Symbolism 101: Charles Baudelaire’s Influence

Foreword

Many consider that the fin-de-siècle French poets known as the symbolists connect their romantic forefathers to their surrealist descendants. Their conceits and frameworks are based on vast, irrational, intuitive correlations. The "symbols" for which they are designated are genuine world emblems that gather supernatural importance in the lack of a defined narrative or place, as contrast to the essentially emotional world that dominates their work.


Charles Baudelaire is one of the most prominent symbolists. In 1857, he released his major book Les Fleurs du Mal (Flowers of Evil). The book's gloomy, metaphysical and diverse realms revealed hitherto forbidden themes and techniques, and as a result, Baudelaire was alternatively acclaimed and reviled as a blasphemous and even putrid author. This article of the symbolism series discourses the great influence of Charles Baudelaire, a true revolutionary when all aspects of art and inner thoughts are considered.

Symbolism 101 Is Divided Into Five Chapters:

  • Symbolism 101: An Introduction

  • Symbolism 101: Charles Baudelaire’s Influence

  • Symbolism 101: Death And Eroticism In Gustav Klimt’s Works

  • Symbolism 101: Paul Verlaine, The Prince Of Melancholy

  • Symbolism 101: Paul Gauguin’s Bold Experimentation In Aesthetics


In the late 19th century, a new literary movement emerged in France, known as the Symbolist Movement. Symbolist writers sought to express individual and emotional experience through the subtle and suggestive use of highly symbolized language. As Mallarme writes, the function of symbolism is to depict not the thing but the effect it produces. Baudelaire was born in Paris, where he lived a bohemian life, adopting the artistic posture of a dandy, devoted to beauty and disdainfully aloof from the vulgar bourgeois world of materialism and commerce, as well as the pose of flâneur. He embraced the dandy's aesthetic position, committed to beauty and distant from the vulgar bourgeois world of materialism and business.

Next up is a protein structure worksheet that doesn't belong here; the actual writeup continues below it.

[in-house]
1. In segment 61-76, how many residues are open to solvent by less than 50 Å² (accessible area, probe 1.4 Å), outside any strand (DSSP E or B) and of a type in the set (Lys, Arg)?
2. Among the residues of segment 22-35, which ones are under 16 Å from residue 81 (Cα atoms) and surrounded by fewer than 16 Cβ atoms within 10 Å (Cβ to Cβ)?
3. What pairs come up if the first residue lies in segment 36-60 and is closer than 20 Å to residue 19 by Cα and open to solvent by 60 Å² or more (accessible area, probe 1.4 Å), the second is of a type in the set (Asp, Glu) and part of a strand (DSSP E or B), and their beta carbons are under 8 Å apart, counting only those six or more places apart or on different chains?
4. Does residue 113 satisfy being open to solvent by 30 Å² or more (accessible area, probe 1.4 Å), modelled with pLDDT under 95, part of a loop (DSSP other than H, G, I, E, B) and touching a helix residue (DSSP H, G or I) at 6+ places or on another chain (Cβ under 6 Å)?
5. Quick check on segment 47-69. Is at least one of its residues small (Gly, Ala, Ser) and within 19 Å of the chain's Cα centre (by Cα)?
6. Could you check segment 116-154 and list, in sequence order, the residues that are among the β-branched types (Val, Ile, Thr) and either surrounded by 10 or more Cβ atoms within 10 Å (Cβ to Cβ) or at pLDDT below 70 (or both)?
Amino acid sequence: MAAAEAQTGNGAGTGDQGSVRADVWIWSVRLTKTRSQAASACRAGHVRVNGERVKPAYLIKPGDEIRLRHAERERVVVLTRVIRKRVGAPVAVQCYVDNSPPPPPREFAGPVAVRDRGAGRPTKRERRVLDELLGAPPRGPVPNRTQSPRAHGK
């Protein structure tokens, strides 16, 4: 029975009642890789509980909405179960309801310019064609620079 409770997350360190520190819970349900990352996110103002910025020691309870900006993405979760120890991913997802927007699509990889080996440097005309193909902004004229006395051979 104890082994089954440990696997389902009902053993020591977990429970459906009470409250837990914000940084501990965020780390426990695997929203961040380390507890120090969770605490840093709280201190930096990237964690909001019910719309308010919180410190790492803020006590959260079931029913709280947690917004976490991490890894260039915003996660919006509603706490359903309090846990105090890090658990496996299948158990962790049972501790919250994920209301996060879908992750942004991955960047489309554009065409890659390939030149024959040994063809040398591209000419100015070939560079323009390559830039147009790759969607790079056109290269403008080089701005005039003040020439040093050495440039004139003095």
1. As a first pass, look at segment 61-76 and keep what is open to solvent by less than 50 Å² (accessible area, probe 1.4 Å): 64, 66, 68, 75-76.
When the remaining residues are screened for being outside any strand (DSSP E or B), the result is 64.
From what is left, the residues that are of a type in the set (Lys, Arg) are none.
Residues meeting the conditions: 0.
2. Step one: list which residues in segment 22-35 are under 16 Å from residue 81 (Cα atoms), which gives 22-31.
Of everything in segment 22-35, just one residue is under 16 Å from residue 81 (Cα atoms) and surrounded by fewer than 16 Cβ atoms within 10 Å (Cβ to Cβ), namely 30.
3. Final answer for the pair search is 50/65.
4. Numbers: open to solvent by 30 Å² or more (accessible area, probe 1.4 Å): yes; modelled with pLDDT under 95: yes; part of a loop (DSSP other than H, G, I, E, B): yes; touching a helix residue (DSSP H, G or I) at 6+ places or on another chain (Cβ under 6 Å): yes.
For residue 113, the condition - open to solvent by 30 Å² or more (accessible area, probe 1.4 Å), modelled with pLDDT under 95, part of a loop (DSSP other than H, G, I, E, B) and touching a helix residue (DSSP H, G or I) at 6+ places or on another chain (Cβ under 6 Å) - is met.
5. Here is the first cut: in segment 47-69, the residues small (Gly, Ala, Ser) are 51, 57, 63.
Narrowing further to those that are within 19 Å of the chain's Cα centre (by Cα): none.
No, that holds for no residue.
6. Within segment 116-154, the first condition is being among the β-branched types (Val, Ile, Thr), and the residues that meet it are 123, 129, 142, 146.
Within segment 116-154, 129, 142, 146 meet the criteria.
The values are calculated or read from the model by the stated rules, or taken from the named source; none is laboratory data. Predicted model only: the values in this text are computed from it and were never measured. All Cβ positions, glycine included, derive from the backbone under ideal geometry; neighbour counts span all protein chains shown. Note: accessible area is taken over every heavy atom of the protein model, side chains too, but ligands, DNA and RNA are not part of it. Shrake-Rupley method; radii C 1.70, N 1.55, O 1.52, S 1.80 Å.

Charles Baudelaire
Charles Baudelaire

Charles Baudelaire was later known as the father of symbolism. Many of his poems contain symbolist characteristics. Les Fleurs du Mal (The Flowers of Evil), a book of poems, was published in 1857 and became the subject of an obscenity prosecution due to the inclusion of some lesbian lines. Baudelaire is recognized with conveying one of the first modernist ideas; a picture of city life's ugliness, sensuality, and depravity, a temperament that inspired modernist writers such as T. S. Eliot and Ezra Pound. Modernity, for him, was a good counterweight to progress: while art is timeless, it is also nourished by everything new, such as the advent of visual art, which Baudelaire experienced. All of those elusive characteristics that art can capture make up modernity.